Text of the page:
1. victoria is one of the most common sheetweb spiders in the yard. They vary so much in coloration that you really can't recognize them based on appearance alone.

Another L. victoria on BugGuide that is much darker.

Female Cybaeus eutypus


Members of the genus Cybaeus are common ground-dwelling spiders in forests of the Pacific Northwest, living under rocks, logs, and in other damp places. Many sport elaborate patterns on their carapaces and abdomens.

Elongate-bodied springtail (Isotomurus palustris)


Another type of springtail. These ones are pretty fast runners.

Small orangy springtail


This colorful species is common in our area and may be undescribed.

More images on BugGuide.

Giant House Spider (Eratigena duellica)


This gentle giant was out on a nighttime stroll in the rabbit enclosure. Giant House Spiders are fairly common funnel weavers in the Pacific Northwest (also in Europe), and are among the largest spiders in Canada.

More shots of her on BugGuide.

And also a big male of the same species.

Small jumping spider (Neon reticulatus)


While most jumping spiders happily roam in broad daylight, members of the genus Neon prefer the cover of darkness, hiding in long grass and leaf litter. Their eyes are quite large for their size to help them see in their dimly lit habitats.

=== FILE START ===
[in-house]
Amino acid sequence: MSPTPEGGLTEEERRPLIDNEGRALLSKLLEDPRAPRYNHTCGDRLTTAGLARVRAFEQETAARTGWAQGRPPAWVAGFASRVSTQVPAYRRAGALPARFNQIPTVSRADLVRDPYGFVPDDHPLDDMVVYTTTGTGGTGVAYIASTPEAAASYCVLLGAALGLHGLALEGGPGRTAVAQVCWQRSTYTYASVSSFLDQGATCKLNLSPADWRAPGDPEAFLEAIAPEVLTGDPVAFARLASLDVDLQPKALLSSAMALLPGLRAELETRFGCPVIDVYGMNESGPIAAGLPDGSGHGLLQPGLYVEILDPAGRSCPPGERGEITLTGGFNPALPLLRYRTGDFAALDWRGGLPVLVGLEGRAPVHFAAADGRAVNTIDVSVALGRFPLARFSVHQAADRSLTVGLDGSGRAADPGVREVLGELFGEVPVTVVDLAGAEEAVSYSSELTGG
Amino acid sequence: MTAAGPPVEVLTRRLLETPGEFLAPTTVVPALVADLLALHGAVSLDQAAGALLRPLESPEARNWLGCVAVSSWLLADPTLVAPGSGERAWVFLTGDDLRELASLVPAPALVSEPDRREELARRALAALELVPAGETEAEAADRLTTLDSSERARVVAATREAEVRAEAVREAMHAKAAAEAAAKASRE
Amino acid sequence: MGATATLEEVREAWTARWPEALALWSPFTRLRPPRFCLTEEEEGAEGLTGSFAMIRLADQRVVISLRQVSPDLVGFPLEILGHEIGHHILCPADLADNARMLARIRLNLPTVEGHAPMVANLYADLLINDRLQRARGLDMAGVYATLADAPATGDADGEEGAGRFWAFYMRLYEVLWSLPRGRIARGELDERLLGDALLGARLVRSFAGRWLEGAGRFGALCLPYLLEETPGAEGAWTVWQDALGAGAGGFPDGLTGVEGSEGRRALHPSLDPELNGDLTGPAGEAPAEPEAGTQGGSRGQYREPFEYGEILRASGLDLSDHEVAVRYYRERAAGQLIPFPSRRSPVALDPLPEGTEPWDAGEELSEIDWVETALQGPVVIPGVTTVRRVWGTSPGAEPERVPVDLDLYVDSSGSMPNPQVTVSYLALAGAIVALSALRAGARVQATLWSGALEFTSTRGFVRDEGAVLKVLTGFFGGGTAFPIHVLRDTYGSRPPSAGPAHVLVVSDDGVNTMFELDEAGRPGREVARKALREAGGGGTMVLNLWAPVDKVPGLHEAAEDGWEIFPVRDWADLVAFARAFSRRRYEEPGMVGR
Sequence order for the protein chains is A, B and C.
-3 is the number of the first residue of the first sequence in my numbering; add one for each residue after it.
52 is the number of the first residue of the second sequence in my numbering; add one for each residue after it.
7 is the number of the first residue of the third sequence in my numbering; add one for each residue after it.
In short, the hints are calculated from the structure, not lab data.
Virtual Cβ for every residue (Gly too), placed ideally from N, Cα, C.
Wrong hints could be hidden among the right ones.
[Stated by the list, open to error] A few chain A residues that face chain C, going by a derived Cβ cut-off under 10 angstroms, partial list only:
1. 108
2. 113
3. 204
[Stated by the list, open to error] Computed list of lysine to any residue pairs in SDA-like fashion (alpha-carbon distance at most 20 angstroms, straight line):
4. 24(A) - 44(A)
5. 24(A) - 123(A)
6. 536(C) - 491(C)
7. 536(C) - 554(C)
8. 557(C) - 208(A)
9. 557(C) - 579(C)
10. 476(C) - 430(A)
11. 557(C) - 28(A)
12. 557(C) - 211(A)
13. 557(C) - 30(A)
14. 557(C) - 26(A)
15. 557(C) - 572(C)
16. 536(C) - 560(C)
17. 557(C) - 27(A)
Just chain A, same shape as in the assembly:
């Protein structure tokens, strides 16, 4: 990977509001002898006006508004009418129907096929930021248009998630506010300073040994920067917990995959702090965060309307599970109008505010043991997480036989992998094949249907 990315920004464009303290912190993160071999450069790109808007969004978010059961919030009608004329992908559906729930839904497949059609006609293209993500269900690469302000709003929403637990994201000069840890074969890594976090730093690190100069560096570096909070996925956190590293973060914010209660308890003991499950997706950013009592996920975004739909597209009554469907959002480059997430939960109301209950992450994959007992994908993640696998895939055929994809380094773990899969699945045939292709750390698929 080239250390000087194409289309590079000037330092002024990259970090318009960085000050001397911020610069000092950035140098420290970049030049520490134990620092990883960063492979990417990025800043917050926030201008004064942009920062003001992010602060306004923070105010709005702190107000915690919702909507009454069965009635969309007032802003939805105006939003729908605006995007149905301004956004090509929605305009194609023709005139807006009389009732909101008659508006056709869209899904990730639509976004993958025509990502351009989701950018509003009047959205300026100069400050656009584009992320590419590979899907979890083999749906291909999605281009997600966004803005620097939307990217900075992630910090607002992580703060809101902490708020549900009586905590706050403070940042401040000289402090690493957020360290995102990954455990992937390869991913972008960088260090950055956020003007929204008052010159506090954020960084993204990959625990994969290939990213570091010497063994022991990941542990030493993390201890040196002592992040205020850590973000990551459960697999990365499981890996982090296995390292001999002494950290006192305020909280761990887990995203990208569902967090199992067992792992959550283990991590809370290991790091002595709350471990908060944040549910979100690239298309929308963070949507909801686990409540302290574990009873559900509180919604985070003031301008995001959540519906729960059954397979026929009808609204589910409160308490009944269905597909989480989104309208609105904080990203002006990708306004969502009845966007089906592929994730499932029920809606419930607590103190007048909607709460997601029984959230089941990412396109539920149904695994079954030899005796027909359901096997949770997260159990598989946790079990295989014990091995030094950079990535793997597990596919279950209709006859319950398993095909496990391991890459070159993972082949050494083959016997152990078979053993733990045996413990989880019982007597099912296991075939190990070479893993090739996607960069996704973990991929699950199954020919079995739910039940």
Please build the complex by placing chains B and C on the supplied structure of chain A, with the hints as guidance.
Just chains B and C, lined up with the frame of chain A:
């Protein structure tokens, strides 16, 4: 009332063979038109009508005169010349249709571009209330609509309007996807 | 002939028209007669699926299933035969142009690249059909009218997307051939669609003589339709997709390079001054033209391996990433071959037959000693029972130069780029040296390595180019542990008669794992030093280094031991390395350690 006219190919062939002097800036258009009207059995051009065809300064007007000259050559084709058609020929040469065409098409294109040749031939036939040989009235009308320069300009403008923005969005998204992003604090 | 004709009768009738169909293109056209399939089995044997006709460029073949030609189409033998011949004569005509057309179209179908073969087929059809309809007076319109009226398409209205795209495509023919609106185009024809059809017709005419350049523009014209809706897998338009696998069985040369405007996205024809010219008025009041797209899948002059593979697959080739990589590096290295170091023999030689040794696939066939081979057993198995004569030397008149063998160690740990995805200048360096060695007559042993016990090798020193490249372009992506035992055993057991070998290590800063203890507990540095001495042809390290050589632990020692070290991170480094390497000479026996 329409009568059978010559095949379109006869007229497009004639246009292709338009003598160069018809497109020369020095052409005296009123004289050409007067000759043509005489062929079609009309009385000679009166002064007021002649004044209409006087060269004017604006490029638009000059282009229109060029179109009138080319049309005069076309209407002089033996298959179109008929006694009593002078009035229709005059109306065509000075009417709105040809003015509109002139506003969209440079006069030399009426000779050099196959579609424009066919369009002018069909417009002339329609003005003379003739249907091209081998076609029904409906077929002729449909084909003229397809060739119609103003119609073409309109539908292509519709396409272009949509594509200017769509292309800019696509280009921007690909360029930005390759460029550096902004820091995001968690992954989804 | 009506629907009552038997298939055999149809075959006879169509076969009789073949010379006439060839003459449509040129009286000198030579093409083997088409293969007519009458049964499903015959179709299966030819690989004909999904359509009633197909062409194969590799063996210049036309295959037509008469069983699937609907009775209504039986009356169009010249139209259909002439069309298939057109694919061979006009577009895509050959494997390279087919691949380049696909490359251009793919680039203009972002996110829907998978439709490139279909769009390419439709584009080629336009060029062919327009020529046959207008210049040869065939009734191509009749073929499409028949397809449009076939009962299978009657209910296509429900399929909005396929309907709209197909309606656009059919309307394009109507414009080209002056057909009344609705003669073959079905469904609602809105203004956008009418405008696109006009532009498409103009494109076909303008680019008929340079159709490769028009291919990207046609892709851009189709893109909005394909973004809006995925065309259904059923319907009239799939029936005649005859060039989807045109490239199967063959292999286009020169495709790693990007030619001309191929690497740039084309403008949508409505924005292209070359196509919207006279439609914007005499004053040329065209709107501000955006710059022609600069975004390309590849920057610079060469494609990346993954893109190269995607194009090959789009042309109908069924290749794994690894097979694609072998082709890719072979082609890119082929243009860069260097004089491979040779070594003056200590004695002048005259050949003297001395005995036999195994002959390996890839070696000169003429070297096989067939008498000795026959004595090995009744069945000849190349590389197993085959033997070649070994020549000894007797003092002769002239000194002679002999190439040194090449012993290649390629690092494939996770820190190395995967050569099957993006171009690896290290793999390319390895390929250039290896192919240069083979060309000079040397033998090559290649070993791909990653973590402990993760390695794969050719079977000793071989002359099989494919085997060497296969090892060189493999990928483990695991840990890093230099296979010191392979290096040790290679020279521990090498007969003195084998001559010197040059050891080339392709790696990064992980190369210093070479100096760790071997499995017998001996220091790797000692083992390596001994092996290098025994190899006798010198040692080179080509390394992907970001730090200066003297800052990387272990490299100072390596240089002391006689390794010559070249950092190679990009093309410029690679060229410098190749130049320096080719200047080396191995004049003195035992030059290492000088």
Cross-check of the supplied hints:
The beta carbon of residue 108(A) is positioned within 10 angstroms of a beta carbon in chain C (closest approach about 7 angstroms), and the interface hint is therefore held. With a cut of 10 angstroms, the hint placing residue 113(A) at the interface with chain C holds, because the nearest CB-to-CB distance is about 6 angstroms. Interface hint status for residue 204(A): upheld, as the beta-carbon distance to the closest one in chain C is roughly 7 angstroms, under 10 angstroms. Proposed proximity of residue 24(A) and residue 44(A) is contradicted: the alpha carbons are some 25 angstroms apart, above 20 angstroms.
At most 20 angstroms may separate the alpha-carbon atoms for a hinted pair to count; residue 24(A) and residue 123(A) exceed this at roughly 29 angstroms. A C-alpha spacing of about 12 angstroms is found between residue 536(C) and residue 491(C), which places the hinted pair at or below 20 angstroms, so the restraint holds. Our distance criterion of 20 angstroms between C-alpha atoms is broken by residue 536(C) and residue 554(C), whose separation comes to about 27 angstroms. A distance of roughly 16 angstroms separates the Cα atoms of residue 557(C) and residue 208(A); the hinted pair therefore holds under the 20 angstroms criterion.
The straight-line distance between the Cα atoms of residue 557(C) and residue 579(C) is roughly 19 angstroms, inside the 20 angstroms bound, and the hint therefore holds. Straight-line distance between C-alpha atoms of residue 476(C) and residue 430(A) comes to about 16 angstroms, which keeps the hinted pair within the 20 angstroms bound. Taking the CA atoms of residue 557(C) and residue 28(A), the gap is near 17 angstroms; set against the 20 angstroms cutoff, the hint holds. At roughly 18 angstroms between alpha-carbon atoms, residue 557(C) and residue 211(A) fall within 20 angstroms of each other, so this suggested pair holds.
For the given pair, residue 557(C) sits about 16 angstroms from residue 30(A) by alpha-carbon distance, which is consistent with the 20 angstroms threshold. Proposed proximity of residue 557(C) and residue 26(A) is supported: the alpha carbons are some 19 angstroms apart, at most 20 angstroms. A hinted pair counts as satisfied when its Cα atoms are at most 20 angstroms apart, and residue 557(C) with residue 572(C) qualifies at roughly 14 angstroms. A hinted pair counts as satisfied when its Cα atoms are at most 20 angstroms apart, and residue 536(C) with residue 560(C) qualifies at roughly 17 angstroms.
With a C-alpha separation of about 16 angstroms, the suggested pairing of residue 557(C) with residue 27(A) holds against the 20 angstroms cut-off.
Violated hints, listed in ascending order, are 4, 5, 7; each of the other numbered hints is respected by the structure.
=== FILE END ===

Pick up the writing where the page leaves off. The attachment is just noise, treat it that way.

More shots of this male on BugGuide.

Dwarf spider (Mermessus trilobatus)


A cute little dwarf spider, about 2mm long.

Little pseudoscorpion (Apochthonius sp.)


Here's a tiny pseudoscorpion I found while sifting forest litter. It's a little over a millimetre long. I don't have the equipment to get clear shots of stuff this tiny, but from the images I did take I suspect it is in the genus Apochthonius.

More shots on BugGuide.

Large folding-door spider (Antrodiaetus pacificus)


These impressive spiders make silk-lined tunnels in loose soil and debris, coming up to the entrance at night to wait for prey. They are mygalomorphs, more closely related to tarantulas than most commonly noticed spiders.



This battered old damselfly landed on my leg while I was trying to photograph a jumping spider. After a brief rest, it took off into the bushes.

Cobweb spider (Platnickina tincta)


  1. tincta is very common in the yard. This male somehow wound up indoors, which is unusual for one of them.

More shots of him on BugGuide.

Wolf spider mother and young (Pardosa vancouveri)


Wolf spider mothers go to great lengths to care for their young. Their egg sacs are made from several layers and kinds of silk, protecting the eggs from water, impacts, and other hazards. Once made, the mother will attach the sac to her spinnerets and carry it around wherever she goes. When the spiderlings emerge, they climb onto her back and secure themselves with silk. She continues to carry and protect them for some time before they eventually disperse.

Wolf spiders have very good vision and can be hard to photograph. Understandably, they're especially suspicious of photographers looming overhead whilst carrying young. I approached this one very slowly. It took several minutes to convince her I wasn't a threat and get close enough to photograph her.

Emerald mite


Here's what happens when you point a camera at a barely visible speck racing around on a rotting log! This brilliant green mite in the family Eupodidae is only a third of a millimetre long.

Xysticus crab spider